Matt Maltese isn’t afraid to pinpoint his own morosity. Despite his charming ebullience, the 24-year-old musician has mastered the art of trapping his own cynicism, analyzing its inner workings under a microscope before infusing these somber musings into his music.
Having experimented with songwriting at a young age, Maltese routinely channels his youthful despondence into illustrative lyrics, identifying a kind of melancholia that is almost impossible to articulate. His first single, “Even If It’s A Lie,” encapsulates the torturous pain of first heartbreak, complete with impassioned vocals and lyrics that relay the desire to be loved.
“(‘Even If It’s a Lie’) is a bit of a sobbing song. It kind of sounds like I’m sobbing when I’m singing it,” Maltese joked in an interview with The Daily Californian. “My heart breaks when I listen back to it just for that person who wrote that song.”
Looking back at his discography, “Even If It’s A Lie” may seem detached from Maltese’s current sarcastic ruminations on contemporary society. Yet, its visceral descriptions of sorrow, particularly in relation to growing out of adolescence, stays true to his refined artistry.
“I feel like maybe I’m a calmer person than I was at like 17,” Maltese remarked. “When something like that happens at that age it does feel like the end of the world, but it’s not, luckily.”
Despite his newfound sense of calm, Maltese rose to fame for, arguably, his most despairing, dramatic track — “As the World Caves In.” Documenting the final night of humanity, the song details a romantic affair between two political figures as the earth crumbles around them.
Yet, in the wake of the COVID-19 pandemic, the song has transformed from a solemn depiction of the end of democracy to a swirling, mournful recounting of gloomy feelings spurred on by the global health crisis. The track picked up traction on TikTok, inspiring covers and edits that amassed millions of views.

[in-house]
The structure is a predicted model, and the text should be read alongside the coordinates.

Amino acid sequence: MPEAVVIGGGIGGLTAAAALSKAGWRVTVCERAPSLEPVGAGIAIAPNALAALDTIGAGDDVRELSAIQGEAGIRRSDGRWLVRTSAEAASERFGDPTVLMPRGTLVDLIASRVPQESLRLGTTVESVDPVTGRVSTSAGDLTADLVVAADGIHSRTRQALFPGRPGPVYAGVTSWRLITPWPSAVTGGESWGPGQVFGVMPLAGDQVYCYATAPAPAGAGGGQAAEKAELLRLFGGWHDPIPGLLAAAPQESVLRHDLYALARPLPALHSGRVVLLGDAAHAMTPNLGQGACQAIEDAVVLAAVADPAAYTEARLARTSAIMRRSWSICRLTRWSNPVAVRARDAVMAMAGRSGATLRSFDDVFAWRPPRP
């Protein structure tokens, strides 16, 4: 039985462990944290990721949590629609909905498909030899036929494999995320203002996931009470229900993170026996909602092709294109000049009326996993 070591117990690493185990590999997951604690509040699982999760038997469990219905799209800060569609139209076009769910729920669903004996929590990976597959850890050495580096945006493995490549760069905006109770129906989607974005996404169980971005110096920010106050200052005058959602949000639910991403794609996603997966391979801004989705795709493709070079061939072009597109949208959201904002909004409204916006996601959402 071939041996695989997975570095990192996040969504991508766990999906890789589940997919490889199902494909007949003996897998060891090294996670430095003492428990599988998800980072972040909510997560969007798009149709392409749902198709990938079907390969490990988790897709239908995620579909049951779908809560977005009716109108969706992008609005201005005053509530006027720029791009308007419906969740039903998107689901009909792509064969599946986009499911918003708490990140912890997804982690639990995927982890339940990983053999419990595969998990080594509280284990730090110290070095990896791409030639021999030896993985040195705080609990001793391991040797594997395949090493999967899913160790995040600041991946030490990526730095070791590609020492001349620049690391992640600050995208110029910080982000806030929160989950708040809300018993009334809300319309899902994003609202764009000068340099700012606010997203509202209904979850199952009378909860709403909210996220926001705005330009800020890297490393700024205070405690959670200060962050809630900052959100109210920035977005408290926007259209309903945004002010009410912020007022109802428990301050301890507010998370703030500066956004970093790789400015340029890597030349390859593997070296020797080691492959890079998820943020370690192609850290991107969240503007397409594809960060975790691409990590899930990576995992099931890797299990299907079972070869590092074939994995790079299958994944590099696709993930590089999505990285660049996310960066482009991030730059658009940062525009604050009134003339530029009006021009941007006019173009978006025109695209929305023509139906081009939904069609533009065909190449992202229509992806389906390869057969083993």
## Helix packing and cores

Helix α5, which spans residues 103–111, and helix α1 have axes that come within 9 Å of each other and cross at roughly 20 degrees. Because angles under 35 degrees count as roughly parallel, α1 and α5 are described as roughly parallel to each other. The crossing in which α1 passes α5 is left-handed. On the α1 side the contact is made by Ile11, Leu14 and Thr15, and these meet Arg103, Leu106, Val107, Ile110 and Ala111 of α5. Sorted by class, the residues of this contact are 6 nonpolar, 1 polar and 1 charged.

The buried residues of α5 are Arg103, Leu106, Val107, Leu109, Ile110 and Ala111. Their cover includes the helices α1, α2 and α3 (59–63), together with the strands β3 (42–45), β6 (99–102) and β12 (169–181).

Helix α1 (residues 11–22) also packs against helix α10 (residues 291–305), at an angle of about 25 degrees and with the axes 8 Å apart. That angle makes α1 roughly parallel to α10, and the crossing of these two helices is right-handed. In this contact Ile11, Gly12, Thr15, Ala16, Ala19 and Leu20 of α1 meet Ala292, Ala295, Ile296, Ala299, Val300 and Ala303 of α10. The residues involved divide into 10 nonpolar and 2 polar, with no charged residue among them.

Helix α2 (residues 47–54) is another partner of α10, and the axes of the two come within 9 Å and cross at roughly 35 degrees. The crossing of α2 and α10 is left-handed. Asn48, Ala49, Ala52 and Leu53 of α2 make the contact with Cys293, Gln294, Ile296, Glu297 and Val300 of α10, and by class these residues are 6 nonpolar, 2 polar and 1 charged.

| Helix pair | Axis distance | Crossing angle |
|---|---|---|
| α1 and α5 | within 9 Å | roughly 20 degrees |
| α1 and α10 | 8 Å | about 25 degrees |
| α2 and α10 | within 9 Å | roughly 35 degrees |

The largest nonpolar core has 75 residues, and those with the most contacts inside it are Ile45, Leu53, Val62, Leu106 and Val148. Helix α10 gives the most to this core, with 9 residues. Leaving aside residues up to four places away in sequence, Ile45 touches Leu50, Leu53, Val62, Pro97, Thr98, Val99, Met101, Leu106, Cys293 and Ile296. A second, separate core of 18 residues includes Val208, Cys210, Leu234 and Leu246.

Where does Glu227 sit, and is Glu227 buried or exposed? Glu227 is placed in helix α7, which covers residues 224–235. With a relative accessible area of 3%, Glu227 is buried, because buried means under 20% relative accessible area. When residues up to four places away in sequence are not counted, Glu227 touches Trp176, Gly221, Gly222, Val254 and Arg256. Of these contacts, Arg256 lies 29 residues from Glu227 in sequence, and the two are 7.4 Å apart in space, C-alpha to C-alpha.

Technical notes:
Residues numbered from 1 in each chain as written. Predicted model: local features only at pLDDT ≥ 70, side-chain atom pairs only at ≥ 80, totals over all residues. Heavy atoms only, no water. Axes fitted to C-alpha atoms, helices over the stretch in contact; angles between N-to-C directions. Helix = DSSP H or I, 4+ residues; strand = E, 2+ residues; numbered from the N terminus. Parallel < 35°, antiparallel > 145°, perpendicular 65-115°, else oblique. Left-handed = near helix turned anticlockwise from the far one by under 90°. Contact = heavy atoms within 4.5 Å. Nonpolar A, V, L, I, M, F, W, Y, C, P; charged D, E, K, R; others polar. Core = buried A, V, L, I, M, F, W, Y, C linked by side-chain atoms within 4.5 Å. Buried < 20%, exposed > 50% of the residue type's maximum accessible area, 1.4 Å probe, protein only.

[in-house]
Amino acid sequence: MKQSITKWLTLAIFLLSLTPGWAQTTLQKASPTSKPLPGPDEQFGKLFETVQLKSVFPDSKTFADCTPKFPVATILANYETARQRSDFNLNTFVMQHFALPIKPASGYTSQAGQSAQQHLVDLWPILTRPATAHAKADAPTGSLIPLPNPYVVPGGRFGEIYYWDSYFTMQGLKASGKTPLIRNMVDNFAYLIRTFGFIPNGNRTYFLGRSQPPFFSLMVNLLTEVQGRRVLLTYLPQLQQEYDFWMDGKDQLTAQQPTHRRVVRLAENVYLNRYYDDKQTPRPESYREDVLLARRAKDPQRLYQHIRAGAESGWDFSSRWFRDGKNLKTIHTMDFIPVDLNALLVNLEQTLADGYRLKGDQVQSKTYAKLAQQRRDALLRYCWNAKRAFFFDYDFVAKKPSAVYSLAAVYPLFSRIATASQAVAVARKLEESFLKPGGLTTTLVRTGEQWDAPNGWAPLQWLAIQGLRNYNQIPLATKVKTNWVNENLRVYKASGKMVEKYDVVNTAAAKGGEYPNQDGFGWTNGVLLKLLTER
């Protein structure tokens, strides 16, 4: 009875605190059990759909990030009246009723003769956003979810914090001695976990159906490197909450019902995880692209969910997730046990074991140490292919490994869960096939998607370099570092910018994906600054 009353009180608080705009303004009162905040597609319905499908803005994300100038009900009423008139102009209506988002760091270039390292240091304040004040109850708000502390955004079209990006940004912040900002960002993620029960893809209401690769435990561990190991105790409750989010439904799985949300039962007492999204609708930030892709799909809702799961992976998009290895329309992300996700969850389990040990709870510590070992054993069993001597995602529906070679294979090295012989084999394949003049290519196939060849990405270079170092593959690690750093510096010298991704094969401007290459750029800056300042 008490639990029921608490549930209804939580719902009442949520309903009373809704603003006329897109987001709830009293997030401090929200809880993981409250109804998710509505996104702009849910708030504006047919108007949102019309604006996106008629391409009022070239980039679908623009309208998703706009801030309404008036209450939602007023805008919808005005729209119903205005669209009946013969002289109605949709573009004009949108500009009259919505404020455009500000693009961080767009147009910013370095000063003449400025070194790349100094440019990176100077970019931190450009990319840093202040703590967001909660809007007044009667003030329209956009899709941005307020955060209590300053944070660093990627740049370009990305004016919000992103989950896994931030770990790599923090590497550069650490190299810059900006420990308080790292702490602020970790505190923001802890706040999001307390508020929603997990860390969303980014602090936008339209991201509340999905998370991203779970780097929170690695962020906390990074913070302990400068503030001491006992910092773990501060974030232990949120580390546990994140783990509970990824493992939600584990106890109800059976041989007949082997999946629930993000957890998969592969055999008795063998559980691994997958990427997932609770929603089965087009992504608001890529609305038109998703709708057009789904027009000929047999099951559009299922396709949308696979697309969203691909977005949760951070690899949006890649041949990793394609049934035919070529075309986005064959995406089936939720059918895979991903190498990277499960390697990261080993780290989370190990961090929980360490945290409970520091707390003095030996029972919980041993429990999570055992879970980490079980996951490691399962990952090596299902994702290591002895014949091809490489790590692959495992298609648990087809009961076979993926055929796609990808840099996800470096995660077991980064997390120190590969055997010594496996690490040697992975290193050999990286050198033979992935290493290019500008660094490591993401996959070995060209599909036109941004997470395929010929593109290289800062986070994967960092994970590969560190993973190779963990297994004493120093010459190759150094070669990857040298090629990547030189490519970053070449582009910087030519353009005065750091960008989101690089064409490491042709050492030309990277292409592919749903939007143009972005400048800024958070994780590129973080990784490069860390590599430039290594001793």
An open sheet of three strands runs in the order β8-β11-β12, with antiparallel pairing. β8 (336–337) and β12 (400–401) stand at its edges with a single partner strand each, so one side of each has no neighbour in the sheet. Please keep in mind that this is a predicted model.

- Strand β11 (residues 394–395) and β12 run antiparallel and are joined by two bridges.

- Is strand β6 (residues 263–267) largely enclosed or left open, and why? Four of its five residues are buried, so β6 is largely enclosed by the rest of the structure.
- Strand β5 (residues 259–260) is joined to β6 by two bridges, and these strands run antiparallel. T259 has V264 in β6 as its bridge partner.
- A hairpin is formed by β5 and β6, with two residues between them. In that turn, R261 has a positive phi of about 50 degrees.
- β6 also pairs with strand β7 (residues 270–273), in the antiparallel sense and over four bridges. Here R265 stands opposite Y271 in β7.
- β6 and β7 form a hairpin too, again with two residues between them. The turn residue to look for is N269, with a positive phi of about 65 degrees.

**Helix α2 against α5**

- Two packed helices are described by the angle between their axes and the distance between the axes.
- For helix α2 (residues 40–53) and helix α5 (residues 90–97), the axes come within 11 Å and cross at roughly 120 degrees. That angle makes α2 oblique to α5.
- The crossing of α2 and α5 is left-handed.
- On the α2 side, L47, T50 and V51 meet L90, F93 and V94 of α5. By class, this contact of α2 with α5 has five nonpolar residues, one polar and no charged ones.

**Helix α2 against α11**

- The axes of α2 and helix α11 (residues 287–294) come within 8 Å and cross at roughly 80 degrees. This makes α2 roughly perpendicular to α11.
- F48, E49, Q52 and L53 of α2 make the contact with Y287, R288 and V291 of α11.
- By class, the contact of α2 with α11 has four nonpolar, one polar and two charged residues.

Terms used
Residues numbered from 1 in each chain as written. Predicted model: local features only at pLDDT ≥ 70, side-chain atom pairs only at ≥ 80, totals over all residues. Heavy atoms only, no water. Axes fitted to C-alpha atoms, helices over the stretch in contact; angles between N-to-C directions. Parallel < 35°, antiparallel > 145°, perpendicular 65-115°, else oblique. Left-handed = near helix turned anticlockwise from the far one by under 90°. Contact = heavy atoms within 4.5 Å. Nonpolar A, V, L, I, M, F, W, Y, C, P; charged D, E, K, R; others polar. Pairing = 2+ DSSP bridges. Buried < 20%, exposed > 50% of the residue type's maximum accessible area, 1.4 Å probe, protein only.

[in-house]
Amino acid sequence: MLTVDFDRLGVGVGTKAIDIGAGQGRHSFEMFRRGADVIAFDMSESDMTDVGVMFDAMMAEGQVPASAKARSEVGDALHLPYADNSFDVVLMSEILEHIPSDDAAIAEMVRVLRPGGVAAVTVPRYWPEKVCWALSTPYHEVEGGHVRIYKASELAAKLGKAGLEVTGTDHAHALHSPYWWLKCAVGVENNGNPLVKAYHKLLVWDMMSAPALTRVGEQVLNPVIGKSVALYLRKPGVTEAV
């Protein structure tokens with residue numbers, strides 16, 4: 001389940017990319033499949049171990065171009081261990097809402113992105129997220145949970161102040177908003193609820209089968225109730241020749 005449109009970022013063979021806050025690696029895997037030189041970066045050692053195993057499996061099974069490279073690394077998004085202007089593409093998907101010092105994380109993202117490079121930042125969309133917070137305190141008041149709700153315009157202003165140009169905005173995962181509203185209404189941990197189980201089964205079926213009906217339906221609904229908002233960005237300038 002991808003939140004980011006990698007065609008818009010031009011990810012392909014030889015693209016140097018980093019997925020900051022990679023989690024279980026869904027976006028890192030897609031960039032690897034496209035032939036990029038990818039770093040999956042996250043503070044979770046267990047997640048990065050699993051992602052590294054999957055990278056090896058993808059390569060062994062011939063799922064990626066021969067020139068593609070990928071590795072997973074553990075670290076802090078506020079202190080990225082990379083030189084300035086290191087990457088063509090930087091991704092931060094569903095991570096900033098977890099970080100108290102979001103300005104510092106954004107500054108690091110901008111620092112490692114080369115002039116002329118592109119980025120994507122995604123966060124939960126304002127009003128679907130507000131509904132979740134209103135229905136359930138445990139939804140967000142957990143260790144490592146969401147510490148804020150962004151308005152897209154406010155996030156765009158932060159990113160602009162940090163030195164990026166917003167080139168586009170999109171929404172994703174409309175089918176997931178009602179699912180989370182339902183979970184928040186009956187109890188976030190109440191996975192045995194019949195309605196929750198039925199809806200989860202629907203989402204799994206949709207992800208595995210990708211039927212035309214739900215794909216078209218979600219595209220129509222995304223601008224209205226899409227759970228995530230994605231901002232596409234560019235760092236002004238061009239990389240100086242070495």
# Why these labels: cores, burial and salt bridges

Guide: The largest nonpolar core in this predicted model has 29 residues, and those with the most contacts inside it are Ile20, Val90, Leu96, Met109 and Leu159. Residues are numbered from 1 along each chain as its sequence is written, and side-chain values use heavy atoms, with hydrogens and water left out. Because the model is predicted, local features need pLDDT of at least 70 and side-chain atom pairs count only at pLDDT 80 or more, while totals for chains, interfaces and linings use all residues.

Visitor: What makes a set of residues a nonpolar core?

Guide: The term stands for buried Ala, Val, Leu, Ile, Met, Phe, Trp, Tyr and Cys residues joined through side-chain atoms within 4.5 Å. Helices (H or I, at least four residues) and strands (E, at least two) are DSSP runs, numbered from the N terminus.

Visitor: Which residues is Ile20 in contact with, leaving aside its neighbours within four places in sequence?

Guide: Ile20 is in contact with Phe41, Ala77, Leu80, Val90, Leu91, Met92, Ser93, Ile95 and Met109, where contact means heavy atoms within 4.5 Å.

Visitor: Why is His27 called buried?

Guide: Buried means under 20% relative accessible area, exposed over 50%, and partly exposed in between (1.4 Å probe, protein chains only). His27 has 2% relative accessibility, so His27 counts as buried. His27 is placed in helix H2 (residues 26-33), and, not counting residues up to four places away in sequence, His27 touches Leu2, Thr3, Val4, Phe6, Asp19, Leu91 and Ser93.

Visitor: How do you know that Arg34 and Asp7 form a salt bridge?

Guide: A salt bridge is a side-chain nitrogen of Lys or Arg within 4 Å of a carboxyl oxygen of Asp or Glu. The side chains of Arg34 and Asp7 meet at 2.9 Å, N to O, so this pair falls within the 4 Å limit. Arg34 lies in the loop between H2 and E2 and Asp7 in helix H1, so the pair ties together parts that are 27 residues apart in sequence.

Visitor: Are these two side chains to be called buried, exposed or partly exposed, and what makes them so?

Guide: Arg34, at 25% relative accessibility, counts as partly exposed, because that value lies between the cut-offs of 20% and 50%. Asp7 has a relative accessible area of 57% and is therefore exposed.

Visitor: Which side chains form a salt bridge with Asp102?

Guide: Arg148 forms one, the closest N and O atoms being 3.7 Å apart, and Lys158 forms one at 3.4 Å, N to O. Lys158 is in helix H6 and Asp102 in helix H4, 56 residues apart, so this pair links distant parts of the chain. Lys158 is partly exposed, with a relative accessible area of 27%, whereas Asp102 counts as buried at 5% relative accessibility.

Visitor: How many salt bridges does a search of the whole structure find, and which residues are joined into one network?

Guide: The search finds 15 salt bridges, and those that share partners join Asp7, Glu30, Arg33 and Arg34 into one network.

“Now when I sing it, it just feels quite real, not necessarily in an enjoyable way you know, it just is what it is. I’m glad that people enjoy the song and find comfort in it, but how sad that it’s more real as the years go on,” Maltese reflected. “Love is kind of the only thing we have left sometimes, so I think having a song that gives that to people is hopefully nice.”
Despite the sobering reflections, Maltese’s work isn’t void of humor. Underneath a dense layer of woe, each of his songs oozes with sarcasm and wit. His music carries an inviting sense of self-awareness, as listeners begin to feel as if they are in playful conversation with the artist.
“We live in an incredibly bleak and tragic world a lot of the time, and the moments where you can laugh at things or sort of smile through the darkness, those feel like the best bits,” Maltese noted. “And so I guess that naturally goes in my songwriting.”
It is fitting, then, that Maltese finds joy in a television series like HBO’s “Succession” — a show that amalgamates humor, sadism and solemnity with ease. Given his knack for sprinkling scintillating, quick-witted lyrics within socially relevant ballads, it seems only natural that Maltese’s music should fit right in with the “Succession” canon.
“They are very heartless people and I’d like to think that I’m not, but what (song) would they relate to most … maybe ‘Misery.’” Maltese said, discussing the characters on the show. “I feel like that’s quite a ‘it’s a dark world’ kind of song. I can picture Roman listening to that.”
Though Maltese’s discography may bring the perfervid Roy bloodline to mind, his latest album, Good Morning It’s Now Tomorrow serves as his most optimistic album to date. Crafted during the pandemic, the record celebrates the sedulousness of humanity.
“(Recording Good Morning It’s Now Tomorrow) was amazing, really to be at a studio, but also in that time to have a togetherness, which I think is why it also came out as the most hopeful sounding album I’ve got just because there was a lot of joy in making it,” Maltese said.
Now, headlining a tour around the United States, Maltese shares his sparkling euphoria with eager fans across the nation, grounding himself in moments in which he belts guileless lyrics that vulnerably represent the frustrations of early adulthood.
“I generally have the same headspace that I feel most people in their twenties have, which is this conflicting sense of wanting to enjoy things but then knowing that generations that enjoyed things too much f—ed up the world,” Maltese remarked.
Maltese is sure to continue reaching audiences with his earnest, if sometimes pessimistic, ache for a more empathetic world with the release of his latest single “Smile in the Face of the Devil” and the prospect of a fourth album this year.
“Albums are funny,” Maltese said. “They just mirror you at that time and you know we all change like that and we all have those feelings. I guess the only difference is I’m lucky enough that I get to put it onto something and share it.”